Nick McCann reports:
The National Security Agency does not have to disclose its relationship with Google amid press reports that the two partnered up after hackers in China launched a cyber attack on the U.S. government, a federal judge in Washington ruled.
In February 2010, the Electronic Privacy Information Center requested a number of communications between the NSA and Google regarding cyber security.
Following an alleged Chinese hacker attack, media outlets had reported that NSA teamed up with the web giant for an investigation.
For its part, EPIC reports the news this way:
A federal judge has issued an opinion in EPIC v. NSA, and accepted the NSA’s claim that it can “neither confirm nor deny” that it had entered into a relationship with Google following the China hacking incident in January 2010. EPIC had sought documents under the FOIA because such an agreement could reveal that the NSA is developing technical standards that would enable greater surveillance of Internet users. The “Glomar response,” to neither confirm nor deny, is a controversial legal doctrine that allows agencies to conceal the existence of records that might otherwise be subject to public disclosure. EPIC plans to appeal this decision. EPIC is also litigating to obtain the National Security Presidential Directive that sets out the NSA’s cyber security authority. And EPIC is seeking from the NSA information about Internet vulnerability assessments, the Director’s classified views on how the NSA’s practices impact Internet privacy, and the NSA’s “Perfect Citizen” program.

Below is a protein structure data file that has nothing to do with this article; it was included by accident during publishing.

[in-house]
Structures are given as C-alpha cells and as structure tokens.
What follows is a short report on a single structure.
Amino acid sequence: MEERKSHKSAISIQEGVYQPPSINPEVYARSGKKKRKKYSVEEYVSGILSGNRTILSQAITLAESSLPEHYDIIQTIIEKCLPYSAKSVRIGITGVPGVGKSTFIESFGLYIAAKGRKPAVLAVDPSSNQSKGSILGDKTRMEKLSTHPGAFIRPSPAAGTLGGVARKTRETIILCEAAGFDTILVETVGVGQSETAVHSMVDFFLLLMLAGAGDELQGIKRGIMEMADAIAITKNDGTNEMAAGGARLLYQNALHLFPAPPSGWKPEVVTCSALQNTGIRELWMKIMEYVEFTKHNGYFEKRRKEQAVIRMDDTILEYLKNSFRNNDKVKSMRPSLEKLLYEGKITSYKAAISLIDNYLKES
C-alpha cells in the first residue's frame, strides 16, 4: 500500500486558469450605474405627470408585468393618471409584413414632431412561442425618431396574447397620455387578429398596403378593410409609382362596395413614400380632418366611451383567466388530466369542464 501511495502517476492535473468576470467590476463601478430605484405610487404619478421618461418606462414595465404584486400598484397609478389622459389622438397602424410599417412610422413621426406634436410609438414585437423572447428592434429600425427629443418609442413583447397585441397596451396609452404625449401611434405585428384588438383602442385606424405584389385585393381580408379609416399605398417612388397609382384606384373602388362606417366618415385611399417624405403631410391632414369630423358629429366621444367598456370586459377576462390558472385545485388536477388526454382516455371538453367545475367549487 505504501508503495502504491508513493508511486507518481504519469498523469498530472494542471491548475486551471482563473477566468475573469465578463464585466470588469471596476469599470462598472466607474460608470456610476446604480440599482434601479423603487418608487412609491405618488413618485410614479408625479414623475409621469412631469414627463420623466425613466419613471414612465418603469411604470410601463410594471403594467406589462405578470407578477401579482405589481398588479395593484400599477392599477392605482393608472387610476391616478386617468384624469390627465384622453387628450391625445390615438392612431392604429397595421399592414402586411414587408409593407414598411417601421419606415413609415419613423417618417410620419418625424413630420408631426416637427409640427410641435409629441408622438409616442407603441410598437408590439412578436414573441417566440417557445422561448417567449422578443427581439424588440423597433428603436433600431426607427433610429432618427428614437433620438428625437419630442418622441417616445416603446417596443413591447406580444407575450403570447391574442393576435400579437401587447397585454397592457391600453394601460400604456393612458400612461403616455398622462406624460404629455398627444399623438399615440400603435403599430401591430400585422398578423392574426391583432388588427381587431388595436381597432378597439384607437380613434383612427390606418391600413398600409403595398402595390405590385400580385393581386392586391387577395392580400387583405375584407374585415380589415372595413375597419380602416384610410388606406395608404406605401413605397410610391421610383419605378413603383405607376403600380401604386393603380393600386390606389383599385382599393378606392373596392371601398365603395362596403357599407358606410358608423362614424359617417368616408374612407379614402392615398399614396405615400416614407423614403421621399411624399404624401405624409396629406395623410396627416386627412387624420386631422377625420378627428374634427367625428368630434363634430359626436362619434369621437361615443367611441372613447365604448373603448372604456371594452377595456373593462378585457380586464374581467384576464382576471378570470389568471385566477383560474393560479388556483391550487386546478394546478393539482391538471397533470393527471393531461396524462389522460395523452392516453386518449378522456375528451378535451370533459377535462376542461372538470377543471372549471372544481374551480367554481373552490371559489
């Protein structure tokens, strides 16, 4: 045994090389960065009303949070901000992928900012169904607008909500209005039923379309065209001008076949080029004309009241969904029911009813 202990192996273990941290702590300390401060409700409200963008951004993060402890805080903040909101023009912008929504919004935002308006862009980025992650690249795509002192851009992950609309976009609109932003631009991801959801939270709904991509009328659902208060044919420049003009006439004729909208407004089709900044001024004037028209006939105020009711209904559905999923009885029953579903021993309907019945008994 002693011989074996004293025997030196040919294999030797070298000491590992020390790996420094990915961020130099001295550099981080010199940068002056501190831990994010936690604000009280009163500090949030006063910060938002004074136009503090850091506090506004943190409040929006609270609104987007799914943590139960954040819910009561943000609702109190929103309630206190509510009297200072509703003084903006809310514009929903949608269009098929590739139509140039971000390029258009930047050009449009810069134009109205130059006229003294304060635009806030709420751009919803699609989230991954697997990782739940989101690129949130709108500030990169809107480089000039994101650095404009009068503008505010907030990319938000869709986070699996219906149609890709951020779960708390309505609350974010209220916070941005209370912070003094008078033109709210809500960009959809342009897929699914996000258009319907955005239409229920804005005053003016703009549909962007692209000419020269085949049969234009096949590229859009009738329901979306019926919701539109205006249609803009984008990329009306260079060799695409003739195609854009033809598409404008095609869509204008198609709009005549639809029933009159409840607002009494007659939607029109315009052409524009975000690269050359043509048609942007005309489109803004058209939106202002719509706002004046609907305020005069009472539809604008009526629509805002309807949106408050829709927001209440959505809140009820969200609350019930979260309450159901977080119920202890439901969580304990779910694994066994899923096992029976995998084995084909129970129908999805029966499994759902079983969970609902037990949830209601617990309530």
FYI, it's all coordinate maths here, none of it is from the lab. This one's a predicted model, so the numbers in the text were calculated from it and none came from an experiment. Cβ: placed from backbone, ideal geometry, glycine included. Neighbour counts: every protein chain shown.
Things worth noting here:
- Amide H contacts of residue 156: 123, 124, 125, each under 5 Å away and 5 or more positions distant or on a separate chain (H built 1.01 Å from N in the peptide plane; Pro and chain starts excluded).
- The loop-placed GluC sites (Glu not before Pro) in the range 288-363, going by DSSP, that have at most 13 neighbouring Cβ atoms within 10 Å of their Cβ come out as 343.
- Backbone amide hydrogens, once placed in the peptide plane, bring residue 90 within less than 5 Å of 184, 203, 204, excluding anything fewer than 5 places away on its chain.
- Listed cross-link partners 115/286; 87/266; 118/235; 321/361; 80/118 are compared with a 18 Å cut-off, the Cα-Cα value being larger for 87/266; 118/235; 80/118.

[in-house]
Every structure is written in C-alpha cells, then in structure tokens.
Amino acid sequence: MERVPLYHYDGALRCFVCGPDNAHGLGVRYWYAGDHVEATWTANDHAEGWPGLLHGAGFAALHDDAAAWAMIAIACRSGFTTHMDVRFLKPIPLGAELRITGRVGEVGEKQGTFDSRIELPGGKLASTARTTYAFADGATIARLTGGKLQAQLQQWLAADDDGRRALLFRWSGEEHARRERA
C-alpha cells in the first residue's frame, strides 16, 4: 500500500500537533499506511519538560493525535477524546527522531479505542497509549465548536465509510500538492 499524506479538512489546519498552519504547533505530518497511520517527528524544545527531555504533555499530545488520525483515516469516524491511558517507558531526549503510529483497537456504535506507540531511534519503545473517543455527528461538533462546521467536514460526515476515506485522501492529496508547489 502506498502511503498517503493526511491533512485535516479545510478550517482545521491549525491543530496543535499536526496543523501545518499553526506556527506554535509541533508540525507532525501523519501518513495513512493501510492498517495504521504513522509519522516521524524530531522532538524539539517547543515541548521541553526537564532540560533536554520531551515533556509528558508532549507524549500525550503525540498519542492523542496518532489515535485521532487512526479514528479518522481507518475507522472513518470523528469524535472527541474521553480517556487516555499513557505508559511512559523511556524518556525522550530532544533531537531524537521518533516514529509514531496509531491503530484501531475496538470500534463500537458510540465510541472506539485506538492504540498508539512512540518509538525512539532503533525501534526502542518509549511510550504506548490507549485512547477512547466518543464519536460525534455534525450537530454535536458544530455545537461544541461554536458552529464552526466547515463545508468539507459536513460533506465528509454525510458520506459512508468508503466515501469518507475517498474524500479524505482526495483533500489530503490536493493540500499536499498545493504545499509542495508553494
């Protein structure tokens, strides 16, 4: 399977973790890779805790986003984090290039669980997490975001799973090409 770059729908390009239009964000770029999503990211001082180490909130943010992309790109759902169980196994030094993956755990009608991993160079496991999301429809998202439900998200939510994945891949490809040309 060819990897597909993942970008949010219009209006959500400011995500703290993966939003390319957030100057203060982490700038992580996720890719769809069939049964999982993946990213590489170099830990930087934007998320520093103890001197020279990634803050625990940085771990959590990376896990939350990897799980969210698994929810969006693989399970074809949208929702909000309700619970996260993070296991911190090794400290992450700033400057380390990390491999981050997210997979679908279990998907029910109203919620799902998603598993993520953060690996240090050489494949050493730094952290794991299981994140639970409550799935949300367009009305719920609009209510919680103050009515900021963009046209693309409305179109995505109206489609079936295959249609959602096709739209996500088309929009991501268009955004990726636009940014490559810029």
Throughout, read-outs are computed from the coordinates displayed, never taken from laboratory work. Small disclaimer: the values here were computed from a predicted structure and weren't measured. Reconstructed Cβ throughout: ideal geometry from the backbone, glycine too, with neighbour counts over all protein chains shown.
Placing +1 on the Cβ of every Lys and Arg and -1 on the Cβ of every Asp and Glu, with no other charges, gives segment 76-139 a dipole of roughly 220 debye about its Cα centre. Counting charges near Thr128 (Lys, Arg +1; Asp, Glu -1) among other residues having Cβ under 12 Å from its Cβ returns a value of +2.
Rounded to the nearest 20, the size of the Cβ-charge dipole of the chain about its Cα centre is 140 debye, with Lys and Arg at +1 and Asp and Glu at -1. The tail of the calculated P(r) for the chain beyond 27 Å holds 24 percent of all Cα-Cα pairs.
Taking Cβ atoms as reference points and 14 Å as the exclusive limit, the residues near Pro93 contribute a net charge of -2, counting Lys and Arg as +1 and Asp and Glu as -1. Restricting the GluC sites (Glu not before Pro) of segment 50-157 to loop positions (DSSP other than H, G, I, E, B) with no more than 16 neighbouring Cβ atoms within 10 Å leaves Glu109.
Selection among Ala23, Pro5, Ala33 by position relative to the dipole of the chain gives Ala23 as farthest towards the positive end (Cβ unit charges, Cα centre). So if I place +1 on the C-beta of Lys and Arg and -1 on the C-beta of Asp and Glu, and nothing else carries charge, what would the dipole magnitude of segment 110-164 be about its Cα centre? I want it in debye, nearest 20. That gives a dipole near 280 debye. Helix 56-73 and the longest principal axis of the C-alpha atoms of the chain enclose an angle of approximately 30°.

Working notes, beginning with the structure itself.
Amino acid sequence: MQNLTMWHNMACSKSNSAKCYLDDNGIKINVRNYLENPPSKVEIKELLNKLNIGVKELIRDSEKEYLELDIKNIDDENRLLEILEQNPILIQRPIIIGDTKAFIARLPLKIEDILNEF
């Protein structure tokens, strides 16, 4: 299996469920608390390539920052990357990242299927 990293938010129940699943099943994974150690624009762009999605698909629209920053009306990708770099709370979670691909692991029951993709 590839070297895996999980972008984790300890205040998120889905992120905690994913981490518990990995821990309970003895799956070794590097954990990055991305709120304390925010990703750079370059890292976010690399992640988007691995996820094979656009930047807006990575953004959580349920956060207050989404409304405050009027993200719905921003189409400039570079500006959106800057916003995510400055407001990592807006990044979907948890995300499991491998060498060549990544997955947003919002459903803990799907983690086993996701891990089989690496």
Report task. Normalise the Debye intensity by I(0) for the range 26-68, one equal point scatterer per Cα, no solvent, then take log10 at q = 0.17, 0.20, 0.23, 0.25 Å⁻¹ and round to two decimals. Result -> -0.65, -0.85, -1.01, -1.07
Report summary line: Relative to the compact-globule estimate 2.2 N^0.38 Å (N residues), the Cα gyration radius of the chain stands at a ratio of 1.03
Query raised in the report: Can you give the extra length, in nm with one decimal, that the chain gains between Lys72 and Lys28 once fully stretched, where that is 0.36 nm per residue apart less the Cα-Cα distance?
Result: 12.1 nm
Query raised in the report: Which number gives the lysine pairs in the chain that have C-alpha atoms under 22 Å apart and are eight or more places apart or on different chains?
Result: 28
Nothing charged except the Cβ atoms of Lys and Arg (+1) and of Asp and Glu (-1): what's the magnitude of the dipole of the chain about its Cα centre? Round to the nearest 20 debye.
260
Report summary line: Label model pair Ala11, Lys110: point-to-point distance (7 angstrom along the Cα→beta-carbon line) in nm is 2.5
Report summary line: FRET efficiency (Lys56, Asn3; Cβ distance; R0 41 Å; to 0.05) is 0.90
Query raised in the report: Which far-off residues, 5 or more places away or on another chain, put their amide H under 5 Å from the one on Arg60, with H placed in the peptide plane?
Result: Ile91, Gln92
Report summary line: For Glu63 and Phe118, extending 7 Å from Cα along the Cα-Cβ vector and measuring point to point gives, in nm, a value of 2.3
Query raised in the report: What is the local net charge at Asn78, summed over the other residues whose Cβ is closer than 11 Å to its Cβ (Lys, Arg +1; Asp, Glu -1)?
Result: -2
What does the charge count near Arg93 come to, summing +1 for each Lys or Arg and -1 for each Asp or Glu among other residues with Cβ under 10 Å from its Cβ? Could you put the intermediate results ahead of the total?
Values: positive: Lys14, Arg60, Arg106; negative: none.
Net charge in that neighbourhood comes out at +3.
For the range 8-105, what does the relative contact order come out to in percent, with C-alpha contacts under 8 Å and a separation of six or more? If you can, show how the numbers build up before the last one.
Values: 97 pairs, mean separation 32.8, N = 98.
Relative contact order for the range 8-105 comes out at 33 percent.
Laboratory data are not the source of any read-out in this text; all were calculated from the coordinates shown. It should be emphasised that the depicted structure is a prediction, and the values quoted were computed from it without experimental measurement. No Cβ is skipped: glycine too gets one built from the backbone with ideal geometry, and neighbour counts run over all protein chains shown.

To which I say, “Go get’em, EPIC!”